Push Presents: Required Or Repulsive?


By Sheba Siddiqui @ShebaSid & online: www.shebasiddiqui.com


DiamondsThe first time I ever heard the word push present, I was visiting a girlfriend’s new baby. As I sat down to cuddle her beautiful bundle of joy, she pointed out a tiny blue Tiffany’s jewelry box on the coffee table and told me her baby had given her a gift. It took me a few seconds to register that she was referring to the fact that her husband had gone out and purchased it on behalf of her new baby.

Inside was an exquisite piece of jewelry. My girlfriend had had a pregnancy from hell, so I thought to myself, why shouldn’t she get a present for all the hard work she endured for nine months?

For anyone who doesn’t know, a push present (also known as a slice surprise for someone having a c-section) is a gift that a baby’s father gives to the new mother as a thank you for all the aches and pains she endured during the pregnancy as well as the long, grueling hours of labour.

The roots of a push present date back to India. A woman would be showered with jewelry, a sari or cash – called a Godh Bharai. This ritual has been around for centuries; a woman was not only required to rest after giving birth, but also forbidden from doing any household chores, in fear of her breast milk drying up.

New mothers would often go back to their parents’ homes for 40 days to rest and recover. So who wouldn’t love all of this attention and generosity after going through the most physically painful experience of a mother’s life?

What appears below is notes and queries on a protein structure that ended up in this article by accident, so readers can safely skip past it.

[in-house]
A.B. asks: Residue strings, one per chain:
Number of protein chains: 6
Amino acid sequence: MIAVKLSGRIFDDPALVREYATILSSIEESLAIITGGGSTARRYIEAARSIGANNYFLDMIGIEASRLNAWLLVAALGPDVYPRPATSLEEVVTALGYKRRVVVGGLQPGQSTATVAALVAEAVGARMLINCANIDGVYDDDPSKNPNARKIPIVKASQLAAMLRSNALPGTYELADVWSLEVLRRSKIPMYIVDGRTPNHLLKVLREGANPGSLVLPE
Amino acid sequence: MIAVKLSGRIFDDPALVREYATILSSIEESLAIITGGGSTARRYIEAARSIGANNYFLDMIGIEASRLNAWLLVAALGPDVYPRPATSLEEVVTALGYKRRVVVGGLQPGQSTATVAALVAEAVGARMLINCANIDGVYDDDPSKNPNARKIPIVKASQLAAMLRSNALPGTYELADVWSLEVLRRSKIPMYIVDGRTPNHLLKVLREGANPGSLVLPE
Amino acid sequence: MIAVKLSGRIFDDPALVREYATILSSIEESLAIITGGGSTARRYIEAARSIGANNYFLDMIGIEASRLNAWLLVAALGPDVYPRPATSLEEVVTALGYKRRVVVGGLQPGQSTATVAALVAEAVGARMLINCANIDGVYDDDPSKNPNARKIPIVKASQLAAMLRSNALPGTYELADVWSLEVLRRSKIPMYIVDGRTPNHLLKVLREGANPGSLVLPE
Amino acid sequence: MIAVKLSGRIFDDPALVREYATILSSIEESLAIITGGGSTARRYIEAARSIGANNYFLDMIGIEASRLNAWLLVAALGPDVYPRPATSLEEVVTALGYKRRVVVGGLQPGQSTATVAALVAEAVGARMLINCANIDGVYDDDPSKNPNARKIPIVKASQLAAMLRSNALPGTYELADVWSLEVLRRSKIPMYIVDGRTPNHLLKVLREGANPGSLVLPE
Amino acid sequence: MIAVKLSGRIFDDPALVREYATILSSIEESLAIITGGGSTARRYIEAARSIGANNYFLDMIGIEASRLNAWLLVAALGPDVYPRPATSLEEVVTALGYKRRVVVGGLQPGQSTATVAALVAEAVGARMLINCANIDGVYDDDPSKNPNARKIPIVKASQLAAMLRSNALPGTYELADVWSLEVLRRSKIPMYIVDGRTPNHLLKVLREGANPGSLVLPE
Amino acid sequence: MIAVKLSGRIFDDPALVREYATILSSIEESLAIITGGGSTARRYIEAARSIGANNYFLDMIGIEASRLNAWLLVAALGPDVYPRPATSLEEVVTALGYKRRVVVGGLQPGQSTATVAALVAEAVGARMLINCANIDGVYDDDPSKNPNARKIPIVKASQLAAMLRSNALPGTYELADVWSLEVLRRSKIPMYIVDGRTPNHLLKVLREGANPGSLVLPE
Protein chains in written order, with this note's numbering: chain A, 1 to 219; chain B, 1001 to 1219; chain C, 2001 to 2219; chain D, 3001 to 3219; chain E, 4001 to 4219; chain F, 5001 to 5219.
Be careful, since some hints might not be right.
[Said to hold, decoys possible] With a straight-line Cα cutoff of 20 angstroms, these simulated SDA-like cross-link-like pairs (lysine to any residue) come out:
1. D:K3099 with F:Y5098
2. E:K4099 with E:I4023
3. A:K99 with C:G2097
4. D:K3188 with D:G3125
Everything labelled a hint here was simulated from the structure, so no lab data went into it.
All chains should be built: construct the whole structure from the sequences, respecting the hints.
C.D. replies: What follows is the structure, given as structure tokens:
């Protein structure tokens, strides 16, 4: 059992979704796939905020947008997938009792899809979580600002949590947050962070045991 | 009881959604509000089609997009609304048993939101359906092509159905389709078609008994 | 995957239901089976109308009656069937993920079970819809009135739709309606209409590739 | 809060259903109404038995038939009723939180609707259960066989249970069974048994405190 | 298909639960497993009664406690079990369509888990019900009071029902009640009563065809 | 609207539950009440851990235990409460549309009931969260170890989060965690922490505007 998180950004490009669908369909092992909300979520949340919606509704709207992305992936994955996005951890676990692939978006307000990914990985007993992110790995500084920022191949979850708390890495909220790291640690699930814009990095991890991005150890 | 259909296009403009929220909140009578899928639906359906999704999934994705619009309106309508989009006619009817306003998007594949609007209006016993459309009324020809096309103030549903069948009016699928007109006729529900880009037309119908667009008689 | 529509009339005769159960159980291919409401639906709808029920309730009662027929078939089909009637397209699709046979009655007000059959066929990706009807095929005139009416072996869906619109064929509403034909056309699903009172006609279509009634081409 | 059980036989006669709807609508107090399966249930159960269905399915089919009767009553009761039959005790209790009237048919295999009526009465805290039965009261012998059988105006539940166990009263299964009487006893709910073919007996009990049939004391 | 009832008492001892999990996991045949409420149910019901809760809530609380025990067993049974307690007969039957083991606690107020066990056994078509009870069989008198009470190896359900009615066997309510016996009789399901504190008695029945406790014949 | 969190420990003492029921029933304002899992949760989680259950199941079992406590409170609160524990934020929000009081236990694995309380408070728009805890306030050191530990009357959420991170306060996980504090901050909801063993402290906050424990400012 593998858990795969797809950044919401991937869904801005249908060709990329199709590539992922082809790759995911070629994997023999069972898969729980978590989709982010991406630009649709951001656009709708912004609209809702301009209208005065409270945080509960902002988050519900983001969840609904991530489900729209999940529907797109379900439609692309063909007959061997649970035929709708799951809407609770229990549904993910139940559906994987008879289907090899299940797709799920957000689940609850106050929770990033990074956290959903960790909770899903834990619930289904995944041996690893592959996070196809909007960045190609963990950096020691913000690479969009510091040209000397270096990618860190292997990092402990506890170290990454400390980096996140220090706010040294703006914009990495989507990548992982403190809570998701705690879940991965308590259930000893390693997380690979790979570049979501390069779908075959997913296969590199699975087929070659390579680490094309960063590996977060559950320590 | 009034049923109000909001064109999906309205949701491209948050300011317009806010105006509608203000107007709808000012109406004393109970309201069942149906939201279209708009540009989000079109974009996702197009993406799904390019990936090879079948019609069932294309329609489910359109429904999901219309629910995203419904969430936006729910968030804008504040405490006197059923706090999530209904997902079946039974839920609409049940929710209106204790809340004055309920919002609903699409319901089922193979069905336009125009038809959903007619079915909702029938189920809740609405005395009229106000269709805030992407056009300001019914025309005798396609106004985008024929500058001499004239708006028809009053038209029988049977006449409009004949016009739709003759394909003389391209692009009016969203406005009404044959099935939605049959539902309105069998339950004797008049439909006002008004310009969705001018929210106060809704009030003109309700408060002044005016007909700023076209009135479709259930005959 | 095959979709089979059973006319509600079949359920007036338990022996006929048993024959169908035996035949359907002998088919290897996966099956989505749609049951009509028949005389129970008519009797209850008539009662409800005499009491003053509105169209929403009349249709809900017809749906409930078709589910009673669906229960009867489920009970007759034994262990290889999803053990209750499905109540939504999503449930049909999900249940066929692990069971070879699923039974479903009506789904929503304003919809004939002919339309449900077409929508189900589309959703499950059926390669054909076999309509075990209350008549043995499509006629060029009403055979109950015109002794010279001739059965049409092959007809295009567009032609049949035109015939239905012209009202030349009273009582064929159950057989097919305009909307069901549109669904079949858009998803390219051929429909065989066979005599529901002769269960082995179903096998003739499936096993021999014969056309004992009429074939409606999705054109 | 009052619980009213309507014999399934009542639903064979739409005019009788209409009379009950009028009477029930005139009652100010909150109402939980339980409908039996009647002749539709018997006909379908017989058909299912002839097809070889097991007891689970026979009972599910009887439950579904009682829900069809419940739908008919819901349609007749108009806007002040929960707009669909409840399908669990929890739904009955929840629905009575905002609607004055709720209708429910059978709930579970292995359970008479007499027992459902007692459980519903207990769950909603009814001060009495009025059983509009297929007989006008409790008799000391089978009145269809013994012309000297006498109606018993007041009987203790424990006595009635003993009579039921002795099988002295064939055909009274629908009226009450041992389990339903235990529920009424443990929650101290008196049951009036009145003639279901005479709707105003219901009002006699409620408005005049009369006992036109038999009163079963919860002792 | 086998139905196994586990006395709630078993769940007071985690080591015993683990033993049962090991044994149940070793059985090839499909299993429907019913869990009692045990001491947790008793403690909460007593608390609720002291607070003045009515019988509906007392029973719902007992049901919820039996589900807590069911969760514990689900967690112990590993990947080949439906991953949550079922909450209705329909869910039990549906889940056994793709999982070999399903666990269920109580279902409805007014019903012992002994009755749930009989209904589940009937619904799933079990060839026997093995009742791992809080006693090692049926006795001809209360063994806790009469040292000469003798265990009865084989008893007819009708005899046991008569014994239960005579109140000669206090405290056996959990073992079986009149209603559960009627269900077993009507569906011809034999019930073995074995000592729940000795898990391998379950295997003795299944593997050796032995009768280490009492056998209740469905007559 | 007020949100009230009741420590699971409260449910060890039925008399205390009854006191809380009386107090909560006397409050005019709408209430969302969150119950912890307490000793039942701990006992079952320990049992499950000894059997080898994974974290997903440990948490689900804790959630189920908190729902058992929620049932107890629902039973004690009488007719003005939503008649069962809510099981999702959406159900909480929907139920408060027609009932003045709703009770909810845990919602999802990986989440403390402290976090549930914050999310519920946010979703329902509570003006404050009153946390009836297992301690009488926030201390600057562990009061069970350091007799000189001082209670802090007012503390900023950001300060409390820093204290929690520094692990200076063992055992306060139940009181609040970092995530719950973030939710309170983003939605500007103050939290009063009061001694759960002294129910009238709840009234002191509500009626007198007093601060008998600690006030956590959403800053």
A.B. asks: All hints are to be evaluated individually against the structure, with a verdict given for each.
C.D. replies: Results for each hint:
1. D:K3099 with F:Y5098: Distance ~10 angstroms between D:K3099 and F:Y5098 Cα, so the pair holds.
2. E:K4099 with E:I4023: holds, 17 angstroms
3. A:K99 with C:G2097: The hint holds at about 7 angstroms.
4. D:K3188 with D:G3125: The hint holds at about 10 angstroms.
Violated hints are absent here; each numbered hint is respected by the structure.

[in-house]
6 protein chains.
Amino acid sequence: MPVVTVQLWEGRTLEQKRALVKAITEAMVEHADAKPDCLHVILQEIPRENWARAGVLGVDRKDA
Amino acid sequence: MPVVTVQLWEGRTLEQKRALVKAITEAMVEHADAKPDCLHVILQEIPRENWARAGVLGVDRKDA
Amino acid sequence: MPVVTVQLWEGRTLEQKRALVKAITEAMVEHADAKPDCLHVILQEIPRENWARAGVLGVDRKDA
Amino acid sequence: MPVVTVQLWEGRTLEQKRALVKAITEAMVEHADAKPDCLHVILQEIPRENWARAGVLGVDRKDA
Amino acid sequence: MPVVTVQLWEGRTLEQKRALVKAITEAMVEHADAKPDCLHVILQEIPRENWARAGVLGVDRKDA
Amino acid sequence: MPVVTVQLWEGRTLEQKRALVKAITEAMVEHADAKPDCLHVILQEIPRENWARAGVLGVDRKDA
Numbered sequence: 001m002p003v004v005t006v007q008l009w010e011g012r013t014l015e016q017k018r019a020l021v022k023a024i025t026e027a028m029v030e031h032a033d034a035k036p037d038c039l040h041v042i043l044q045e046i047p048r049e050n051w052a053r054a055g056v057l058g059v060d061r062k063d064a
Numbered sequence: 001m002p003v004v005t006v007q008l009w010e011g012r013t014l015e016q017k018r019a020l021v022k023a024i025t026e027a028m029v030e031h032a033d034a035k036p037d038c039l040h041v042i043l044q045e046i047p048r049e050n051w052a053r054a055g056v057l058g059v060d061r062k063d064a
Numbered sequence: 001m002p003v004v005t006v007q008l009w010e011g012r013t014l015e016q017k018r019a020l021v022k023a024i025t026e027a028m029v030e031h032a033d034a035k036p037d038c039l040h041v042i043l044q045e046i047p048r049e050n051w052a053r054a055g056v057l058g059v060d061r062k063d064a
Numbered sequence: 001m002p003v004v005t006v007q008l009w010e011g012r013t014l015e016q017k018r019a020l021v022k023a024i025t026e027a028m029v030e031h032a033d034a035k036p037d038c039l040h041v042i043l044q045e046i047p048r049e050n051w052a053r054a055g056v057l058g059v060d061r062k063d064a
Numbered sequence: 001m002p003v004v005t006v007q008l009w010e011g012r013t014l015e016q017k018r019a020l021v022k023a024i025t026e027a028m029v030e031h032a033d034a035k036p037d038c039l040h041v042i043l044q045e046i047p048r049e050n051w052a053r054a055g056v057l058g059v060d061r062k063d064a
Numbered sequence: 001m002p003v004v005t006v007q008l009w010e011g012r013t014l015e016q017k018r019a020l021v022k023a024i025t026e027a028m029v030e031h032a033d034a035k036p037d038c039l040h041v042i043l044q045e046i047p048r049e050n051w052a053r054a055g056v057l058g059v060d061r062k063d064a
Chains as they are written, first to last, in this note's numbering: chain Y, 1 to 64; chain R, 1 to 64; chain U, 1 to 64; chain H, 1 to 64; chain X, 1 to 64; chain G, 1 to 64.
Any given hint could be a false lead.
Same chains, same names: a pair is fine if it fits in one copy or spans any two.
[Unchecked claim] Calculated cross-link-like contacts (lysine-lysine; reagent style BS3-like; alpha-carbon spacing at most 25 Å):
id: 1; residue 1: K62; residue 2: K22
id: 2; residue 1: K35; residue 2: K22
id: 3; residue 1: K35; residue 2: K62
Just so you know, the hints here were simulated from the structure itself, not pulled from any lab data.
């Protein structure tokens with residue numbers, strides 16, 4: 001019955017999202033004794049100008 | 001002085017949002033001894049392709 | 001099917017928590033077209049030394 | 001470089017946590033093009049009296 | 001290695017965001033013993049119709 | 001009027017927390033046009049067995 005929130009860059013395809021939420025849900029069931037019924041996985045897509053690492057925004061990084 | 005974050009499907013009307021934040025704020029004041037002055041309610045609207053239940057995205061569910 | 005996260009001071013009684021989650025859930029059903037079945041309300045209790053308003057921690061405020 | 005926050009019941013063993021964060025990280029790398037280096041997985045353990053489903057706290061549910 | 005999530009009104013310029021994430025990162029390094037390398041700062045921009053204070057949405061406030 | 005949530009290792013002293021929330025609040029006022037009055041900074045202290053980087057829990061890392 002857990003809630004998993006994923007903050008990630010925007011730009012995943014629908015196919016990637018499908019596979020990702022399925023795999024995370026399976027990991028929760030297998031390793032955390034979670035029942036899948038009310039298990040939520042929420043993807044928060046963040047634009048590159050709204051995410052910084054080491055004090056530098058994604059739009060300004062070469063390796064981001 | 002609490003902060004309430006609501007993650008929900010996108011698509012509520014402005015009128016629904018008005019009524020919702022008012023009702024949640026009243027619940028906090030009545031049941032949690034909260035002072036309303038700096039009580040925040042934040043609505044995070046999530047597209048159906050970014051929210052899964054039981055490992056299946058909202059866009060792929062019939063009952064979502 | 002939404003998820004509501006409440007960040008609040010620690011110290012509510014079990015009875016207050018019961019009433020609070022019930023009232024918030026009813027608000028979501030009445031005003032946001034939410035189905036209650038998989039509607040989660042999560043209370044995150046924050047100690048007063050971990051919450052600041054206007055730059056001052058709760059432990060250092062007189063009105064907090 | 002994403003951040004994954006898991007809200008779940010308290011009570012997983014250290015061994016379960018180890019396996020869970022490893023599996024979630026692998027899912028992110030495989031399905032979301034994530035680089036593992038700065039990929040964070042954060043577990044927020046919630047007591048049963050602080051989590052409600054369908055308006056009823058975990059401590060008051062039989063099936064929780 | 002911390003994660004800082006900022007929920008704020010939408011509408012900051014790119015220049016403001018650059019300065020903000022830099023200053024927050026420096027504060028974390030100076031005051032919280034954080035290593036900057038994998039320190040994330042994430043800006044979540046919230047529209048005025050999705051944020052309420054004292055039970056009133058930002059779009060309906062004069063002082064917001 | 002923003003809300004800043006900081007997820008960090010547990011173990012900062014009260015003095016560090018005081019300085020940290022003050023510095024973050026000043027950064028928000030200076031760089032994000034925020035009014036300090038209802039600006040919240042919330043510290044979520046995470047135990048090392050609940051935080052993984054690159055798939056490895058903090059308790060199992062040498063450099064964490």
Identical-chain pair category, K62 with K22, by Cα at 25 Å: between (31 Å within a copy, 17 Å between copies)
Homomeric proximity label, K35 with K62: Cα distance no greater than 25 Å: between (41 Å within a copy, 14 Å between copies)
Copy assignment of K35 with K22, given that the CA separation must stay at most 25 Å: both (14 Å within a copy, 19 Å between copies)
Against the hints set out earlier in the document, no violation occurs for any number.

There is something wonderful about receiving a gift from your husband. Whether it be a box of chocolate or a piece of jewelry doesn’t matter. It’s the mystery of a wrapped gift box, for a special occasion or sometimes just because, that can make any wife giddy with excitement.

So, it came as quite a surprise for me when I asked the question of whether a woman agrees with receiving a push present, on my social media outlets. I simply assumed that any woman would love a present for pushing another human being out of her body. It turns out my assumption was incorrect.

Many women, often with multiple children, were insulted at the thought of receiving a push present; the baby IS the present. These mothers believe there is no need for any type of material gift as they already feel so blessed. These women also felt that incorporating a material item into the experience of giving birth takes away from the beauty of it all and misses the point. San Francisco, California’s, Robyn C. said, “I think they are absurd. Whatever ‘gift’ is given is trite in comparison to the event that just took place. I don’t need a piece of jewelry after giving birth. I need a present father/husband.”


On the other hand, there were women who absolutely believed that a present should be given to them after giving birth. Most agreed that it doesn’t have to be anything extravagant, but a thoughtful token of appreciation, ranging from flowers to jewelry to designer handbags, should be given as a sorry and/or thank you for the pain endured.